But if you throw blocking operations or too much data at it, Redis is going to demonstrate the inherent limitations that come with being a single-threaded in memory data store.
How about adding something about this in the documentation, if you haven't already?
- Do use Redis for <X>
- Do NOT use Redis for <Y>
Definitely. And on top of that, Redis is very easy to get started with, and as the article illustrates, you can plug along very smoothly until you suddenly find a mountain to climb. Shouldn't scare someone off, but one of the lessons is to understand what you're implementing and where the bottlenecks will eventually be - much easier said than done, in my experience, but something to aim for.
Step 1) Throw everything at Redis because you don't know how to architect. Use it as a cache. Use it as a temporary data store. And use it as a persistent data store at the same time. What could go wrong, right?
Step 2) Watch it break because you're using it wrong.
Step 3) Write a blog post about everything you discovered about how you can sort of get it working while continuing to do it wrong.
Step 4) Only concede at the very end of the blog post that you were just doing it wrong™ from the beginning.
"The root causes of these errors were more a conceptional[sic] issue. The way we used Redis was not ideal for this kind of traffic and growth."
Unless I'm missing something, there's really no reason that all three use cases (caching, temporary data store, persistent data store) should all be sitting on a single Redis server so far away from the metal of the application server.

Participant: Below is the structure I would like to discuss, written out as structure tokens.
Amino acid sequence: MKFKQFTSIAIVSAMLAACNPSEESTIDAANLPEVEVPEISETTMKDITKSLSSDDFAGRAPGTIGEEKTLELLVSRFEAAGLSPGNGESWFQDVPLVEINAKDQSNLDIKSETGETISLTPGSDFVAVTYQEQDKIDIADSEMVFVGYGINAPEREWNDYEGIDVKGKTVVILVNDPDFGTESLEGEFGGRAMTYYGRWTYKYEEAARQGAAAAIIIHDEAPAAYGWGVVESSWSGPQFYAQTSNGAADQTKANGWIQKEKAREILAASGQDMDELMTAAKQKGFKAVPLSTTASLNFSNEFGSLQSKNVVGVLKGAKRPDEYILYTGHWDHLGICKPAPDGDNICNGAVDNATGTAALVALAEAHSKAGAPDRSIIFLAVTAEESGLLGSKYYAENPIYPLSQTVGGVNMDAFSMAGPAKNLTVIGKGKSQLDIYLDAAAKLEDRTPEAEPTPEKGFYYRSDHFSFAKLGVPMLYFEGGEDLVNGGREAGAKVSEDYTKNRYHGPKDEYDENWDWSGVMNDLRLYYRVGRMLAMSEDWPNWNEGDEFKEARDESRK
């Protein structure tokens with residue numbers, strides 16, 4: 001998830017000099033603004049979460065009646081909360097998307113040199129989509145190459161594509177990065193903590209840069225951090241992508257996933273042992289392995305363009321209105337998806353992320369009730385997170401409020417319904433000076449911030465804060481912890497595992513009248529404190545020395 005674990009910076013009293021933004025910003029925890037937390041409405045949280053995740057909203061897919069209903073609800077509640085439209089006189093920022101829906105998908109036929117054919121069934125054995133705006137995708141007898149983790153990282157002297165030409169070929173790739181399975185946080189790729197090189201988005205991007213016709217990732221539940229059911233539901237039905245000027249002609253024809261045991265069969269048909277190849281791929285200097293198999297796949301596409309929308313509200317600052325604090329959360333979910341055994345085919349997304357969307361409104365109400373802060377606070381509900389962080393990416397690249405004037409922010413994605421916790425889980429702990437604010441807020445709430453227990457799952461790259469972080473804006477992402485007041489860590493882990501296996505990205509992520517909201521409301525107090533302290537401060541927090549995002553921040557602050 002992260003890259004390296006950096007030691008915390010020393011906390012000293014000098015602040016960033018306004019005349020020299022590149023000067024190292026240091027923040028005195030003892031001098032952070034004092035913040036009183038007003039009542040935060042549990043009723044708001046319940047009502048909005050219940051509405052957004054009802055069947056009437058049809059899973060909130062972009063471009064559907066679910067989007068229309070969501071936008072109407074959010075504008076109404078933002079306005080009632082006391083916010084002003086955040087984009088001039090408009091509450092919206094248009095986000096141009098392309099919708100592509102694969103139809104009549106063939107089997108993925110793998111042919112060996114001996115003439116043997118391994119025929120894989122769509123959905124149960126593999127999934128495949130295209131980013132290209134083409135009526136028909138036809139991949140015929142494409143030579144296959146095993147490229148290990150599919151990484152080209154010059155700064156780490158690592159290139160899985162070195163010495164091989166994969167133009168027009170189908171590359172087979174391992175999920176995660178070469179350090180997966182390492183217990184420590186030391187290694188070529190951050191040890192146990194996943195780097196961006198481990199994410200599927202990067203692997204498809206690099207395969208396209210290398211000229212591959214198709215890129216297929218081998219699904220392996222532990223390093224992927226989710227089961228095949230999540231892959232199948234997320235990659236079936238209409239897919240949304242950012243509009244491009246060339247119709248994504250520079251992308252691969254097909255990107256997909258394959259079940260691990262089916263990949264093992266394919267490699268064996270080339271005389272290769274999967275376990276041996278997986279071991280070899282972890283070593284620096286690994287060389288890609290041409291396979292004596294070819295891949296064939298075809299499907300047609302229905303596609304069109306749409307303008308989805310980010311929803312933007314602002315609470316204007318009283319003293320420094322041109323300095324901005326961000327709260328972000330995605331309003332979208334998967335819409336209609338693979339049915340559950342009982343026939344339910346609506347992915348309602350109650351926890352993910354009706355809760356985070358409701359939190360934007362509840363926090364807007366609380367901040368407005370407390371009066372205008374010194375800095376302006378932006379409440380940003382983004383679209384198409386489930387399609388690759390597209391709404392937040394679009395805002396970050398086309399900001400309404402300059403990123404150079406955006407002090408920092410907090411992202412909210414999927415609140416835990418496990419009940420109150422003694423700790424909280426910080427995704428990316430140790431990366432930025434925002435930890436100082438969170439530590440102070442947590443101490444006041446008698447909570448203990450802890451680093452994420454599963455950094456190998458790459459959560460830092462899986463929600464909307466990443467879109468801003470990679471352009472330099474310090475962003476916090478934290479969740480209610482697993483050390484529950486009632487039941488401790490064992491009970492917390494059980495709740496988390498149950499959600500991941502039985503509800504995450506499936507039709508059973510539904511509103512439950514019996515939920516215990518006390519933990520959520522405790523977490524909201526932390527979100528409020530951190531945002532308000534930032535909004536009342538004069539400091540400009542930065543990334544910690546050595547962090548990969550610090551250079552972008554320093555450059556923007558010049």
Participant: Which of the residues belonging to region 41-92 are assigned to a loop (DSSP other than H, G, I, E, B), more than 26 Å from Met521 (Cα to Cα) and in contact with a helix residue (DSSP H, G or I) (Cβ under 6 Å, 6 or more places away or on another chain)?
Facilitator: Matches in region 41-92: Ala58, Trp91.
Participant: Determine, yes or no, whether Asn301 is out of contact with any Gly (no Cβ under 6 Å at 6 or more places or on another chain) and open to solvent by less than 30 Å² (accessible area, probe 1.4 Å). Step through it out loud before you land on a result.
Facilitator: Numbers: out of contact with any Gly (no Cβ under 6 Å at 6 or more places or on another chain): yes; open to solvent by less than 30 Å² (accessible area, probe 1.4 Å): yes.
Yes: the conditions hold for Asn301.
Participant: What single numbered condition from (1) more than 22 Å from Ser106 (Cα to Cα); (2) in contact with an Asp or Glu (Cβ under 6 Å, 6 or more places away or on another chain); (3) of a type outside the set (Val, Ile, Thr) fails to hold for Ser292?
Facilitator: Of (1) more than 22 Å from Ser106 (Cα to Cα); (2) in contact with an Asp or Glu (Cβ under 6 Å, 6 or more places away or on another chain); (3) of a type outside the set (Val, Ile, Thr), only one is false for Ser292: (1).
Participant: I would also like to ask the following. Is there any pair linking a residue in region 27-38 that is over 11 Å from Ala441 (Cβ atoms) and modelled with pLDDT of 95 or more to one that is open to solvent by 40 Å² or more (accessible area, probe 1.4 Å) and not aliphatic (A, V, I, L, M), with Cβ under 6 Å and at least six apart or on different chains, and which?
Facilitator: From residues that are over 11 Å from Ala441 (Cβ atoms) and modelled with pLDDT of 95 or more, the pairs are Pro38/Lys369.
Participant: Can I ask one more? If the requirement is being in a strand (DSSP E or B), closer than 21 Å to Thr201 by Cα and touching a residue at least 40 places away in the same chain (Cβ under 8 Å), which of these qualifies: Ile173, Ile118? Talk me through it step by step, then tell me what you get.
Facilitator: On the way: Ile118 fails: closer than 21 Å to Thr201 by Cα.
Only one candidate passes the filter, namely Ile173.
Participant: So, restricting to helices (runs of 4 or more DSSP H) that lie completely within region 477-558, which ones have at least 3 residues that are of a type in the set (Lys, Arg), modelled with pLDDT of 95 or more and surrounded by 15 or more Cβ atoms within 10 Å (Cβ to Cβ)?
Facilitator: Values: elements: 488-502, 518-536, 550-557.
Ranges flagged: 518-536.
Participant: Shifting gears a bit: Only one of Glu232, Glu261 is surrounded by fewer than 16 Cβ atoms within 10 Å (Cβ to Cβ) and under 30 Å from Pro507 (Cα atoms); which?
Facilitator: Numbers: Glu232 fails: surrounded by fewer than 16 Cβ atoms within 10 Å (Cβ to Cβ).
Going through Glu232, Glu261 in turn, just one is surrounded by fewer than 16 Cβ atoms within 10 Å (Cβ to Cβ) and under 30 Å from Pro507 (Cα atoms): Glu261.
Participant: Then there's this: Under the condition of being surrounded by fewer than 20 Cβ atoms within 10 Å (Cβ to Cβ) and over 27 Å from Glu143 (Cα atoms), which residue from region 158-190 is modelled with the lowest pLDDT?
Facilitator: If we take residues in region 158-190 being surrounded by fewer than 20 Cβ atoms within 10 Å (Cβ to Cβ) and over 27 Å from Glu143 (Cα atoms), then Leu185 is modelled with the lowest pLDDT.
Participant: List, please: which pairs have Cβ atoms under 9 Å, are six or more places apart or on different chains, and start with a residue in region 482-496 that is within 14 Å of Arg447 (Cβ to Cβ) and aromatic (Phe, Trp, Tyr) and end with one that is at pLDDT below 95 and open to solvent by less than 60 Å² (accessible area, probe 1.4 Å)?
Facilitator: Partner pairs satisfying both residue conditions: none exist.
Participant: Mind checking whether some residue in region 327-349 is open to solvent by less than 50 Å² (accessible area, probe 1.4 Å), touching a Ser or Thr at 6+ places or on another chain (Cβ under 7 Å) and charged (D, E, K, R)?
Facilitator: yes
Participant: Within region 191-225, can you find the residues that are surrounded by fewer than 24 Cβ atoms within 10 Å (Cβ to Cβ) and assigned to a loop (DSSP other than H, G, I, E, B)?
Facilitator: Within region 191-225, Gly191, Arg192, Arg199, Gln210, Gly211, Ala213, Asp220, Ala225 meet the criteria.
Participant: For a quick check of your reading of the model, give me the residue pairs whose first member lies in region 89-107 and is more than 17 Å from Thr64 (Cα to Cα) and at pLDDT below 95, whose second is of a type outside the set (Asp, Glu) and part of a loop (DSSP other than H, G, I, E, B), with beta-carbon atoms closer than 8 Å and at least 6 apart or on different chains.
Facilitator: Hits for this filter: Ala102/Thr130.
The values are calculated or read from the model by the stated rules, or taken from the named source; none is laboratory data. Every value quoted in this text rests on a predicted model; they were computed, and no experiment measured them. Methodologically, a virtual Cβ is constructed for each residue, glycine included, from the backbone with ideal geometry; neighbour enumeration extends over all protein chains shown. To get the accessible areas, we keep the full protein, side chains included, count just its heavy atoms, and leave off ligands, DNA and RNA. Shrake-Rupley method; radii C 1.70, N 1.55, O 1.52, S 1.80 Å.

I do not want my search cache waiting on temporary data to be read and flushed from the cache. I do not want data I'd like to persist competing with search cache results. I don't want any of these things! That's not how this works. That's not how any of this works!
Things go wrong. I think it's an honest post with lots of practical tips.
Kudos to the team on their findings and for their honest post with some tips for their odd architecture. I hope my comment did not imply that "I would have done better," or that hindsight is not, 20/20. I have enough experience to understand both of those things.
However, as architecture grows organically, it doesn't take too much understanding or experience to know that using a single Redis instance for three different use cases would probably run into issues. That's more than likely not a symptom of "organic growth," but of poor decision making.
Trivago received a $4,000,000,000 valuation. Why does their engineering deserve the benefit of the doubt here?
At some point we (technologists and developers) have got to concede that maybe it's not just a few folks trying to keep up with organic growth, but that some actual bad decisions were made and should be accepted and highlighted more than just covering up for mistakes.
I think the post could have been more useful if it would have conceded the point earlier that they made bad decisions from the get-go, that they had to play catch up with those decisions, and that the advice was for attempting to catch up to these decisions. It would be very interesting to understand why they made the choices they did.